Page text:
The corruption of Jacob Zuma is dead and buried and South Africans must now focus on building a future for the country, Sygnia Asset Management CEO Magda Wierzycka has said.
Wierzycka was speaking at the UCT Graduate School of Business’s annual Women in Business conference held in Cape Town on Friday. Apart from sharing lessons for women to build their careers and businesses, the CEO spoke broadly about their role in the country, in a post-Zuma era.
"It is important to recognise that whatever you are doing in South Africa right now, you can’t do it ignoring the political and economic environment we live in," she said.
Over the past 18 months, since Pravin Gordhan was fired as finance minister, South Africans have become more politically aware, she explained.
"Eighteen months ago we knew about corruption, but we did not know all the details. In 18 months all that was played out to us in technicolour, in social media, the media and on our cellphones."
But Wierzycka warned that South Africans should not become complacent. Following Zuma’s rule, the problem of his legacy is that he made corruption an institutional way of doing business both in the private sector and the public sector, said Wierzycka. "It is very naïve to suppose that Cyril [Ramaphosa] can just come and sweep it away with a paintbrush … It’ll be like taking one step forward and two steps back."
Wierzycka encouraged South Africans to stay and build the economy. "People like yourselves, all this talent, are leaving South Africa.
"My message is: don’t… The reality of this is [that] the grass is not greener on the other side," she said.
"We need people to stay here, to contribute, to work, to grow the economy to create jobs."
Her words were met with a huge round of applause from delegates.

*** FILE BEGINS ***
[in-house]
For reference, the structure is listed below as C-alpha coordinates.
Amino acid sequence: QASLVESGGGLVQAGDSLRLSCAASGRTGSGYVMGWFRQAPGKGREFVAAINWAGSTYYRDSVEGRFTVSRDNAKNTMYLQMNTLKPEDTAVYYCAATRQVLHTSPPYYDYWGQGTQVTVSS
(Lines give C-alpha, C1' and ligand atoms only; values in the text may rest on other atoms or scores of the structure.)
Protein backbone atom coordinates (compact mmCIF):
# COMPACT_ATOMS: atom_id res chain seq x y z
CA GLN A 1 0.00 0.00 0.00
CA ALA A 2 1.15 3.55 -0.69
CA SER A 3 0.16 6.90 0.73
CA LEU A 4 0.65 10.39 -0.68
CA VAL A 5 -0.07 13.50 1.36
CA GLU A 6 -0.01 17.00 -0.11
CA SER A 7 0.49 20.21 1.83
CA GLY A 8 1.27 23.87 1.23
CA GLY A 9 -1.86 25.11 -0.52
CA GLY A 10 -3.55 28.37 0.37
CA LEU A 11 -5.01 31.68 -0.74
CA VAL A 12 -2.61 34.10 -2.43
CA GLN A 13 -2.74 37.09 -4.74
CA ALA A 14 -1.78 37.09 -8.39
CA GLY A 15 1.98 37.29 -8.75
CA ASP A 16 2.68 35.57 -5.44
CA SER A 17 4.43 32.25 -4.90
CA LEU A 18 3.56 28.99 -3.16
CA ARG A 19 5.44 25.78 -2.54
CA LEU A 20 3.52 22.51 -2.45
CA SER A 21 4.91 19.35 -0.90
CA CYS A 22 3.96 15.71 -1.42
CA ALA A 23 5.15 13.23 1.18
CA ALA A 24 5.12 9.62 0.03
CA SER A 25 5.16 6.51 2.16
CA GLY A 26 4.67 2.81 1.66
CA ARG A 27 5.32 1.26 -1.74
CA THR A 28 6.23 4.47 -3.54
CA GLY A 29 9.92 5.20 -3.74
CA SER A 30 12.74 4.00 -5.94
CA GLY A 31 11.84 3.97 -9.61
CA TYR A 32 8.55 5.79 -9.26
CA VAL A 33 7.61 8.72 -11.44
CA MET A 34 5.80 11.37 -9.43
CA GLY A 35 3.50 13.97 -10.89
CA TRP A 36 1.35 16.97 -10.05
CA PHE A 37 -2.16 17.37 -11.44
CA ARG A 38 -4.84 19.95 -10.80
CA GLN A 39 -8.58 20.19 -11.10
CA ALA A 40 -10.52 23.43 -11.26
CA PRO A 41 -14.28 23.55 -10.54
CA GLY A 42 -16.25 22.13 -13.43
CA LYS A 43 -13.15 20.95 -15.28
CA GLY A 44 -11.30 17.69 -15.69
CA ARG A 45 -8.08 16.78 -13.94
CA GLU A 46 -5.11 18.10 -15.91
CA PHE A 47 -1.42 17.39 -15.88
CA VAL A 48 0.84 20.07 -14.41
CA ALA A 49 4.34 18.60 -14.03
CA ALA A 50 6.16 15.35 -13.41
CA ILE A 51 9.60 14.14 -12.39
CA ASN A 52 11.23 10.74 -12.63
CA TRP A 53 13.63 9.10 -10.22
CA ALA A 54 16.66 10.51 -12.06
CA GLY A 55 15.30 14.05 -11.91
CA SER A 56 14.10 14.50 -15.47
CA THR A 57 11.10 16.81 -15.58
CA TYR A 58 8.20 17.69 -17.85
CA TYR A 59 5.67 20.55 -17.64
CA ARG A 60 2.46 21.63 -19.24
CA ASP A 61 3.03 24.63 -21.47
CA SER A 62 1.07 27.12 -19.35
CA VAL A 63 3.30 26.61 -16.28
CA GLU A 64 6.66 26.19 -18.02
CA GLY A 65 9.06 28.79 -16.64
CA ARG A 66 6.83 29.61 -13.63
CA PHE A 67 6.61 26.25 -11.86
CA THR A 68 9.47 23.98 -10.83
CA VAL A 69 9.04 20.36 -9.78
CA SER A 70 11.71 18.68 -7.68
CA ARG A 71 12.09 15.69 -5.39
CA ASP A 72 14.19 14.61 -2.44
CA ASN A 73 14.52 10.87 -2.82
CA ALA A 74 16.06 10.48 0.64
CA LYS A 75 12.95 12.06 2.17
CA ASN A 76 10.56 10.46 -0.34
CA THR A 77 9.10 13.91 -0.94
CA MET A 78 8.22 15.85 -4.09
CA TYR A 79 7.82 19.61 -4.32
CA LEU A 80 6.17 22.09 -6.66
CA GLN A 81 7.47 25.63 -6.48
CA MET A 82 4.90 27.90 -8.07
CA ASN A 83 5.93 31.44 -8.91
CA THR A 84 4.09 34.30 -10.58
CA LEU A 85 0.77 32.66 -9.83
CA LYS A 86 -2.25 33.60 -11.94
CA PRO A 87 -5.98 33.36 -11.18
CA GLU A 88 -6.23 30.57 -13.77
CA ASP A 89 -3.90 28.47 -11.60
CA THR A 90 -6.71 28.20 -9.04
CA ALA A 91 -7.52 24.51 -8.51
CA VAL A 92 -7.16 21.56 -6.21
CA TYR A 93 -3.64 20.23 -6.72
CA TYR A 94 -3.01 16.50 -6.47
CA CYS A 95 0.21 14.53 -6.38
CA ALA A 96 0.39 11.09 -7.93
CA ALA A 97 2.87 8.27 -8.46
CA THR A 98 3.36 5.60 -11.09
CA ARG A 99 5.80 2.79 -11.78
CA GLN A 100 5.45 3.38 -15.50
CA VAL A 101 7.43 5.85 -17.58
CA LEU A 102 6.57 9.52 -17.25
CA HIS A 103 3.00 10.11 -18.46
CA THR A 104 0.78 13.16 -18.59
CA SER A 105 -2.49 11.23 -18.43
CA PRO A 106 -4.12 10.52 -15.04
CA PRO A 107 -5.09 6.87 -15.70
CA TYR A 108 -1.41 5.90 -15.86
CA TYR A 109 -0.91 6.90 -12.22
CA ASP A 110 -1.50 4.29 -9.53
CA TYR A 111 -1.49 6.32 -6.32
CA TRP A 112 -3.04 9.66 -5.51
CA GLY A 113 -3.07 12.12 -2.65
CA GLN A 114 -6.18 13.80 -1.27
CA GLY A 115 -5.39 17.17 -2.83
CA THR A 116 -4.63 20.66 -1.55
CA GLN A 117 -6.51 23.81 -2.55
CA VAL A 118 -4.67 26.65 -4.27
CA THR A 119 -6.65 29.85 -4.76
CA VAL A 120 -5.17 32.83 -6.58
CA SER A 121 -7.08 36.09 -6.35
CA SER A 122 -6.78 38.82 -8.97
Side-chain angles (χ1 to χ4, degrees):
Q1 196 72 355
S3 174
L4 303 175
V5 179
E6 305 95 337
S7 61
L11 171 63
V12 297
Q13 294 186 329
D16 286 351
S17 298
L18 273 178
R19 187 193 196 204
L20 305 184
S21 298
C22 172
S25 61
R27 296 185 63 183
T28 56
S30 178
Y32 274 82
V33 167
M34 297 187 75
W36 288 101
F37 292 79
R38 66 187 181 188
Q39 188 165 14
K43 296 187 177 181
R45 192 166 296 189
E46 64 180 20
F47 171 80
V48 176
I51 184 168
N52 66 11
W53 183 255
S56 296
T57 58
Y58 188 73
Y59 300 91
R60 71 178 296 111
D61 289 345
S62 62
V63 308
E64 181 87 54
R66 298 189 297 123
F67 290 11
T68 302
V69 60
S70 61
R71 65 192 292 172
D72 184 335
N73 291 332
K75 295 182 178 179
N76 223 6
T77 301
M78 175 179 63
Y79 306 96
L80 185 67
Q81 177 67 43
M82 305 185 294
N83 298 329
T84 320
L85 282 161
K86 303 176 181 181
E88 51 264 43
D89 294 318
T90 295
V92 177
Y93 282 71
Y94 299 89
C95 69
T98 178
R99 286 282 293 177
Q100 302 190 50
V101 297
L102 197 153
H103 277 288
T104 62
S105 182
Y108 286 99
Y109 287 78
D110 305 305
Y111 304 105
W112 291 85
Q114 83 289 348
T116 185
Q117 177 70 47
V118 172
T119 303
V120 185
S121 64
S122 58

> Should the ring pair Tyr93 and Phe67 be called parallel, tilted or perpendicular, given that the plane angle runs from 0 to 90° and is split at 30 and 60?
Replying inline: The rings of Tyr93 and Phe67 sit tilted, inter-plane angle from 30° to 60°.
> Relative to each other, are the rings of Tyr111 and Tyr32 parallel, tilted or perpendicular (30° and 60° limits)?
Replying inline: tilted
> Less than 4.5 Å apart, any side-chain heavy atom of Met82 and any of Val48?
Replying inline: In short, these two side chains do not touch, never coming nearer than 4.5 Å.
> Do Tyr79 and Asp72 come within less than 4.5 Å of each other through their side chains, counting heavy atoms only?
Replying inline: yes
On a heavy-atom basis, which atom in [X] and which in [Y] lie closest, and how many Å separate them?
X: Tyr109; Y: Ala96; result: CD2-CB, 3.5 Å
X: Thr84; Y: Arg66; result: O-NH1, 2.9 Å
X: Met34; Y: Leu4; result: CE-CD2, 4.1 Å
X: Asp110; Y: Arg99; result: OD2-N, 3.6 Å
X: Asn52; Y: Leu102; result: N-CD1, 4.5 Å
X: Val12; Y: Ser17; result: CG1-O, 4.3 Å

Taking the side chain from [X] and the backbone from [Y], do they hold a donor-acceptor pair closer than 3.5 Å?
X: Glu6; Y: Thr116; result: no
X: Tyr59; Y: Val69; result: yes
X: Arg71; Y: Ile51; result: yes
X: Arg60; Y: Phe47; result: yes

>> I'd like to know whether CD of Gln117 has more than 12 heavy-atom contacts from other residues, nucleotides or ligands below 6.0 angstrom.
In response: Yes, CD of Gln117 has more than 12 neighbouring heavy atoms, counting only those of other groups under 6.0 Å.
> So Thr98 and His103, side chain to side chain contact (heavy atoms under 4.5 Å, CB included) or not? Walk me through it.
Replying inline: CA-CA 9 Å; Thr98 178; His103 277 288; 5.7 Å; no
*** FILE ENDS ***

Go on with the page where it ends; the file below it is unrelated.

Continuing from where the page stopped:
Wierzycka added that when there is a skills drain, it creates an opportunity for those who stay behind to do so much greater.
When it comes to dealing with past wrongs, Wierzycka believes it is important for South Africans to be wise about how their emotional energy is spent.
"Don’t be negative. Whatever emotion you project is not just about yourself but South Africa. We need tourists; we need foreign investment. Don’t go overseas and whinge about South Africa," she said.
"Don’t talk about the corruption of Zuma, it is done and buried."
Wierzycka said that South Africans should rather spend 20% of their energy on punishing the past and the remaining 80% on building the future.
"In South Africa, we need to look to the future, and not dwell too much on the past. The crooks must go to jail, Markus Jooste first."
She concluded by calling for a focus on being positive, because South Africans "badly need" positive PR and not the "crazy headlines" like those of the New York Times. She then affirmed her commitment to stay in South Africa.
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